OSHA’s standards include both horizontal standards and vertical standards. Horizontal standards are standards that apply to employers in multiple different industries. For example, the 1910 General Industry standards apply to employers in many different industries and 1910 is therefore a horizontal standard. On the other hand, OSHA’s 1926 standards apply to just employers in the construction industry and 1926 is therefore a vertical standard.
Additionally, there are quite a few other vertical standards listed in 1910 Subpart R, the so-called “special industry” regulations. These include standards that are specific to the following industries: pulp, paper, and paperboard mills; textiles; bakery equipment; laundry machines and operations; sawmills; logging operations; telecommunications; electrical power generation, transmission, and distribution; and grain-handling facilities.
In this article, partly because we create training materials and tools for pulp, paper, tissue, and corrugated board manufacturers, we’re going to provide an introduction to the 1910.261 standard for Pulp, Paper, and Paperboard Mills employers from 1910 Subpart R.
Let’s give you a quick overview of this OSHA standard.
Here’s how the standard explains scope and applicability in 1910.261(a)(1):
This section applies to establishments where pulp, paper, and paperboard are manufactured and converted. This section does not apply to logging and the transportation of logs to pulp, paper, and paperboard mills.
According to 1910.261(a)(2):
Standards covering issues of occupational safety and health which have general application without regard to any specific industry are incorporated by reference in paragraphs (b) through (m) of this section and in subparagraphs (3) and (4) of this paragraph and made applicable under this section. Such standards shall be construed according to the rules set forth in §1910.5.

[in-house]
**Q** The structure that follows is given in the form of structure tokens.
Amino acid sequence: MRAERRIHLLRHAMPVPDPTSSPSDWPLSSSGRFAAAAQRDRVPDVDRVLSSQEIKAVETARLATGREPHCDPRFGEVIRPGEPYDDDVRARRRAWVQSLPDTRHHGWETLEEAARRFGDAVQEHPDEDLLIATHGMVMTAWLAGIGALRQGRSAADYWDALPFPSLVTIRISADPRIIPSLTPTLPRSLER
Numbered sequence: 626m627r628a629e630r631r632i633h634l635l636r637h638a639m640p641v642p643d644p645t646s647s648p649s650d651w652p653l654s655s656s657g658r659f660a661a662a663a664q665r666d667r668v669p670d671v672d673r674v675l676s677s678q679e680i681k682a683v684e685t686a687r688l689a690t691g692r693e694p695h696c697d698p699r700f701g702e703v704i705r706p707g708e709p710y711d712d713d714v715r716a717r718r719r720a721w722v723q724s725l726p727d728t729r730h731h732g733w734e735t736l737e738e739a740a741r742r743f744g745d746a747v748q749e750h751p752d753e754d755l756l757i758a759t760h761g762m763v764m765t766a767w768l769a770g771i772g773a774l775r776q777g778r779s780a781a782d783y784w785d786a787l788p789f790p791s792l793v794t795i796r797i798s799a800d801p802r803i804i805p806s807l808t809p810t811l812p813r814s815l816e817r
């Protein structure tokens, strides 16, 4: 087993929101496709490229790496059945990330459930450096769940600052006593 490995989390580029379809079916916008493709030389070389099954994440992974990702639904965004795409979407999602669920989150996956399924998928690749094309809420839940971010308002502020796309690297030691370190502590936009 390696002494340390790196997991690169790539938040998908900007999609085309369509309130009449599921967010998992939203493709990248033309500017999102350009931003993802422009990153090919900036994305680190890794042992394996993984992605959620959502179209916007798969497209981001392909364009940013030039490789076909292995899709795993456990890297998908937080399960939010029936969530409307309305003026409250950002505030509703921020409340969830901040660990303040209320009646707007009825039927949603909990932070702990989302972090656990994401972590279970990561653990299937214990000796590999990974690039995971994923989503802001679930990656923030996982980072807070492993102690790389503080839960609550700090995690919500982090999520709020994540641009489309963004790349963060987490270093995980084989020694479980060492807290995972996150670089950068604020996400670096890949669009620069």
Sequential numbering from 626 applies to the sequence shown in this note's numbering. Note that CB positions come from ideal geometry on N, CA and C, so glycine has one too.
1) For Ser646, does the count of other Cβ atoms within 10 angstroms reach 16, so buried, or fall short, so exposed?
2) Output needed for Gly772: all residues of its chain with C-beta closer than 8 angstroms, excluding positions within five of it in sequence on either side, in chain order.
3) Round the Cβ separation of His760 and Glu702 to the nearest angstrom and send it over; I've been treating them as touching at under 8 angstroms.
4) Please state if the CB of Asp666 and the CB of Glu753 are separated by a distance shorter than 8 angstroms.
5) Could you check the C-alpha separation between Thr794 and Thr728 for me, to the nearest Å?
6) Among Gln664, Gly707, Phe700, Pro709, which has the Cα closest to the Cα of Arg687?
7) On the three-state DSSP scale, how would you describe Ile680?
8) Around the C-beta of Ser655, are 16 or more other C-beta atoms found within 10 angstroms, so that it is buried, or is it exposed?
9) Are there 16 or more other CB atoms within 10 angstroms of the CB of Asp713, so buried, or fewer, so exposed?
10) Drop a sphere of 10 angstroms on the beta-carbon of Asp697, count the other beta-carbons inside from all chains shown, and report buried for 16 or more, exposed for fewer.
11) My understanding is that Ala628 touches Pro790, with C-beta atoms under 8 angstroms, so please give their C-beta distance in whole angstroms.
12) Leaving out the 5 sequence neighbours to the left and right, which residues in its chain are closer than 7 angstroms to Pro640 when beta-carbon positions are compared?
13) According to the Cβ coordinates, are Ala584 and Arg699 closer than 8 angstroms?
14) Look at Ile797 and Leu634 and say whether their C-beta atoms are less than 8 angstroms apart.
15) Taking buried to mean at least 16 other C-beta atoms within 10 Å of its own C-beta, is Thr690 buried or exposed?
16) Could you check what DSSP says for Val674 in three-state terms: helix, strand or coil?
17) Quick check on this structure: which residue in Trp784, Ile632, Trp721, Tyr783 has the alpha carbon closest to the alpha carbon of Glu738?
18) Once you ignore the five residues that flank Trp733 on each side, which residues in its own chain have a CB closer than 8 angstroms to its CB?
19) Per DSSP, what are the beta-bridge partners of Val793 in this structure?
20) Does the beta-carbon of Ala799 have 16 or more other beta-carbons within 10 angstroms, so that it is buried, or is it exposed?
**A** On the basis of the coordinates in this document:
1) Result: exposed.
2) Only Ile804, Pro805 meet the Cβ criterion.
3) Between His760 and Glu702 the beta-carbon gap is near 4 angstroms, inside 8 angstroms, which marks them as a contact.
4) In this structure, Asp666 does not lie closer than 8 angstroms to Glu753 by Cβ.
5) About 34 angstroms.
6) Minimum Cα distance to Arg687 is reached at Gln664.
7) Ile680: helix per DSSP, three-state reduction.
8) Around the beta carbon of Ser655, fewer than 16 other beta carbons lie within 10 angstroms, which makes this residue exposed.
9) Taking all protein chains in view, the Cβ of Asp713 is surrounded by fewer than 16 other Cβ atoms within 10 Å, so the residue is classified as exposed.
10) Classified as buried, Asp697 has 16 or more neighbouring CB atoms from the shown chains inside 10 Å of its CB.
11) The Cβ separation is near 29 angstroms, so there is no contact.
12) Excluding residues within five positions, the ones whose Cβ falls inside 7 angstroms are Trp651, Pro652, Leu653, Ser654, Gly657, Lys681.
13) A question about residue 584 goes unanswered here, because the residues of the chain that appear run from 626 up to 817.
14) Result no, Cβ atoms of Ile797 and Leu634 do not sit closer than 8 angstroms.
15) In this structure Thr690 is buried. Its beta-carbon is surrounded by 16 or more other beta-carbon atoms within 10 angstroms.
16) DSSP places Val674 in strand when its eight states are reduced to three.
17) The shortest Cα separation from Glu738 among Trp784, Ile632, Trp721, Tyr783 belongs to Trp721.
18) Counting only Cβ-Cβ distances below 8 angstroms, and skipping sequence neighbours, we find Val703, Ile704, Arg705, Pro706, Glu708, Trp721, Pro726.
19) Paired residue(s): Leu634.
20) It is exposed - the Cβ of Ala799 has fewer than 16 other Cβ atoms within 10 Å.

Now, we get lucky here, because in 1910.5(c)(2), OSHA gives an example that directly relates to this vertical standard for pulp, paper & paperboard manufacturers:
…any standard shall apply according to its terms to any employment and place of employment in any industry, even though particular standards are also prescribed for the industry, as in subpart B or subpart R of this part, to the extent that none of such particular standards applies. To illustrate, the general standard regarding noise exposure in 1910.95 applies to employments and places of employment in pulp, paper, and paperboard mills covered by 1910.261.
Additionally, in 1910.261(a)(3)(1) through 1910.261(a)(4)(3), OSHA lists other specific standards from ANSI, ASME, NFPA, and IME that are incorporated by reference into 1910.261 as well.
The 1910.261 standard lists specific “safe practices” involving lockout and emergency lighting in 1910.261(b).
1910.261(c) covers regulations for handling & storing pulp wood and chips.
This includes regulations for handling pulpwood:
Additionally, this part of the standard includes rules for handling pulp chips from: